Those results are a vindication of the strategy pursued by CEO Jes Staley, who fought to keep the bank’s investment banking arm in the face of scepticism from some in the City and outright protests from some investors.
Barclays has been involved in many of the biggest takeover deals this year, also raising money for clients who needed cash to survive in many cases.
Staley told the Standard: “We have been questioned for the last six years as to whether this strategy would work, can we manage the investment bank, can we compete with the big Wall Street banks. This is a pretty strong answer.”
Questions about Staley’s own future persist. Today he suggested his tenure could last longer than most expect, or for at least another two years.
“We are taking the Jamie Dimon approach. Every year Jamie (the boss of JP Morgan) says, ‘another five years’, I say another two years.”
Finance director Tushar Morzaria interjected: “It’s a rolling two years.”
The profits are the highest Barclays has ever recorded by this point of the year – nine months in.
That is bound to lead to strong bonuses to investment bankers, and in turn criticism of the bank.
Staley said: “The financial strength of the bank has allowed us to be an important part of the economic recovery from the pandemic. We gave millions to charity, we waived overdraft interest payments and we provided credit. We have been an agent of the recovery.”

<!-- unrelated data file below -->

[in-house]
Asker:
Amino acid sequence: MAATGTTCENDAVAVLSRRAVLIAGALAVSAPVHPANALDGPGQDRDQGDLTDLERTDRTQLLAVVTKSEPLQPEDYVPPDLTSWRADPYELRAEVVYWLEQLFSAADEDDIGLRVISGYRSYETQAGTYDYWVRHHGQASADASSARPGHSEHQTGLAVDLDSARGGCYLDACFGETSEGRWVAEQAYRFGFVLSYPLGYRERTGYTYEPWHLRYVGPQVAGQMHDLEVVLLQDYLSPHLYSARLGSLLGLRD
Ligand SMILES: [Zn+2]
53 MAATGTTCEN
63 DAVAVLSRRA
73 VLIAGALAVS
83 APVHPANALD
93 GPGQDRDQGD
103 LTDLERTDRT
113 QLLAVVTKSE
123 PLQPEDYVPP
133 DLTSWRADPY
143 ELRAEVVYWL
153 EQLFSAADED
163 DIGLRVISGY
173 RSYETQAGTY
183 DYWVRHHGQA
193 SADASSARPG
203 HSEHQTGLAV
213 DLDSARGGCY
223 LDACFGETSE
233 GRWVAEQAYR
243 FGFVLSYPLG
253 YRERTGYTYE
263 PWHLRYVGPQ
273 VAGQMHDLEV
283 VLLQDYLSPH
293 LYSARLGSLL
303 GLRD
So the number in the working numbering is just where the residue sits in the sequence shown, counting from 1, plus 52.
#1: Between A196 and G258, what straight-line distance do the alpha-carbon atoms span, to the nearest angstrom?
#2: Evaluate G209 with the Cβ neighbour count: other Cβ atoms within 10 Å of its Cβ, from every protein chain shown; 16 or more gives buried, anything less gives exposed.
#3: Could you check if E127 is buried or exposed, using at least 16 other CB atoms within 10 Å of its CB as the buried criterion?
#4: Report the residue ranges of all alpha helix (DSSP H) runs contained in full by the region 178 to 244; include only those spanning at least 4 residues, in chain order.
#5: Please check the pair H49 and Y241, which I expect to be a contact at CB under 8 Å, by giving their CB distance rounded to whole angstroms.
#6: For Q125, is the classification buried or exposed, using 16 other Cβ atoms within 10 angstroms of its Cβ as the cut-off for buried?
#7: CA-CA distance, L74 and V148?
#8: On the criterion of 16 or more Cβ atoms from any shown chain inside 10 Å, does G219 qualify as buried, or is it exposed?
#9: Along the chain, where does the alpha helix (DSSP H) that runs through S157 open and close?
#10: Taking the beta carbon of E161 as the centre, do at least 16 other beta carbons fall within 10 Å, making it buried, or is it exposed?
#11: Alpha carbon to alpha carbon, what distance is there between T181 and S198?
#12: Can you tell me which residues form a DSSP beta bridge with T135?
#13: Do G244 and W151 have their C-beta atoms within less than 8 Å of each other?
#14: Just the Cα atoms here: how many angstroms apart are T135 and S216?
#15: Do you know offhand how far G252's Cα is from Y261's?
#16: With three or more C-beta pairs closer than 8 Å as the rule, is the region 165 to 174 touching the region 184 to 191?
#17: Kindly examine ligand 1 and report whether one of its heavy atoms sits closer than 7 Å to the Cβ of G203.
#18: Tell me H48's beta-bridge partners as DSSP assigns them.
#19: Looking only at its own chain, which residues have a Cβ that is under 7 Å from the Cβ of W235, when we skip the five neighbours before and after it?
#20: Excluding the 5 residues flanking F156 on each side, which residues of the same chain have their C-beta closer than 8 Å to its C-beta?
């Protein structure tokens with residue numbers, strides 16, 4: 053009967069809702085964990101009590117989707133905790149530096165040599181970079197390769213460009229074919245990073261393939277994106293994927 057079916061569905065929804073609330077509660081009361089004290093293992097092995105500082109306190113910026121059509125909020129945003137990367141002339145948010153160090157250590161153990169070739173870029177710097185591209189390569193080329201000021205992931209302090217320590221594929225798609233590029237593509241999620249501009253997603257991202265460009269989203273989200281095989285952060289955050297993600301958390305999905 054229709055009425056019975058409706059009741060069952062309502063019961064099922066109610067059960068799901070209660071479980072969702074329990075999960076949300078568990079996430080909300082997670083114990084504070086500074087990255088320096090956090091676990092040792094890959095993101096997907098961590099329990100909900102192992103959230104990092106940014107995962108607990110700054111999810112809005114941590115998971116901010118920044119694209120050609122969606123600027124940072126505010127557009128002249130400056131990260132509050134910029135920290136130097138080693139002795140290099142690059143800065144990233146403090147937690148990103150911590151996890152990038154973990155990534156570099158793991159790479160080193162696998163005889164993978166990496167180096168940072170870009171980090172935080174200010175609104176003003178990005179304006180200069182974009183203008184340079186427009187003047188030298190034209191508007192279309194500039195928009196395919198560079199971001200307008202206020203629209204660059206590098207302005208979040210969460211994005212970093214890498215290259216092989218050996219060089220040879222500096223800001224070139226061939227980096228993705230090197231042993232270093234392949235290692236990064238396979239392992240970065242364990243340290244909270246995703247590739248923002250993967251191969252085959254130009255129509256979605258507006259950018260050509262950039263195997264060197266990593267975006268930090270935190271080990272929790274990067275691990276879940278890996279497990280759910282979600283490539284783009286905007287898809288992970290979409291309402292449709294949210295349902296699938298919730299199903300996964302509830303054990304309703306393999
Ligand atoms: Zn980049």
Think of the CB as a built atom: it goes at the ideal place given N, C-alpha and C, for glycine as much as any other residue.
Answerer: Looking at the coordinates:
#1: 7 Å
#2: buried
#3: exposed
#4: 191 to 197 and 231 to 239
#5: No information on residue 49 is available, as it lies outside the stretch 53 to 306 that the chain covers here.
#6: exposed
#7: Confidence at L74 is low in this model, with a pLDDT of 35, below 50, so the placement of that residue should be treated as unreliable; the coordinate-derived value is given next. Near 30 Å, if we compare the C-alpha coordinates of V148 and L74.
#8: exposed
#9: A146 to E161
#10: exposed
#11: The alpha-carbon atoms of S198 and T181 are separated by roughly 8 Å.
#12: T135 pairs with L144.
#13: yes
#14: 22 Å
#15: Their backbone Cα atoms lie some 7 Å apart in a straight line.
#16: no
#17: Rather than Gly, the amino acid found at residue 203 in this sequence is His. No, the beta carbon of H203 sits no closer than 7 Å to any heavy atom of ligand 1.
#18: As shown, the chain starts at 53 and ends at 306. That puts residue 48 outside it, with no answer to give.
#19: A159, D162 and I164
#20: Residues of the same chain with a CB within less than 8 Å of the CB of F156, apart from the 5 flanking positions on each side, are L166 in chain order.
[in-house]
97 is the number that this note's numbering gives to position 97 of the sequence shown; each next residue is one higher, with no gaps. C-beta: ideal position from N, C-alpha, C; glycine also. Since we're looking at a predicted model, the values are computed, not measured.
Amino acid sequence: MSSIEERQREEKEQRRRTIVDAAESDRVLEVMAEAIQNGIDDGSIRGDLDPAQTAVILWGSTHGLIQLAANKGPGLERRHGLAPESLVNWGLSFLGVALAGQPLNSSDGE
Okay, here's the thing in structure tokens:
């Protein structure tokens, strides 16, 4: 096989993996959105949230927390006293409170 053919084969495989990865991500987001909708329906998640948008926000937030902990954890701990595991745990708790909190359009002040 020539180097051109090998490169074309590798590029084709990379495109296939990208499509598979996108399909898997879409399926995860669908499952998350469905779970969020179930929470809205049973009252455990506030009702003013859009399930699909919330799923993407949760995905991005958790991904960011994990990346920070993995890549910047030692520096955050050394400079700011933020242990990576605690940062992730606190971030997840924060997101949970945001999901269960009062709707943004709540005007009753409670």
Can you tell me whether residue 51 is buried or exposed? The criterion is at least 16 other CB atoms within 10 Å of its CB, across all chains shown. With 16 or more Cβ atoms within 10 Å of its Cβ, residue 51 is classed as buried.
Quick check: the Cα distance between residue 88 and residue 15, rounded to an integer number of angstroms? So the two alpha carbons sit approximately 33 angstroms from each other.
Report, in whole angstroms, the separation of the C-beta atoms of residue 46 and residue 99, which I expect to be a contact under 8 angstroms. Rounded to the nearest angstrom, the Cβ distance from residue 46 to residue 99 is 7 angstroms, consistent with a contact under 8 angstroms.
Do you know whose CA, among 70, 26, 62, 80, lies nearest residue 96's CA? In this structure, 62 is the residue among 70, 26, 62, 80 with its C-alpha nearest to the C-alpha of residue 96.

Last week Wall Street banks such as Goldman Sachs and JP Morgan reported booming profits from deal making. Barclays insists it is holding its own, or indeed grabbing market share.
Today’s figures beat City expectations. The shares have doubled in the last year, opening today at 196p.
From July to September, Barclays made profit of £2 billion, twice what it made in the same period a year ago. It makes nearly half of its income in the US, the last UK bank to have a serious Wall Street presence.
Ian Gordon at Investec said the results are “another monster beat”, of City forecasts.
The bank is setting aside less money to deal with losses on loans, a sign of economic recovery.
Barclays, under pressure to cut branches like all other high street players, said staff in those branches are among “the heroes” of the crisis.
Yesterday rival Lloyds said it would close another 48 branches.
Staley added: “While the investment bank performance continues to be an area of strength we are also seeing evidence of a consumer recovery and the early signs of a more favourable rate environment.”
Sophie Lund-Yates, equity analyst at Hargreaves Lansdown, said:
“Barclays’ diversified business model is still paying dividends. The group has an extra income stream in the form of fees and commission from its investment bank – an area of business which has seen its best ever Q3 performance, offsetting more challenging conditions elsewhere.”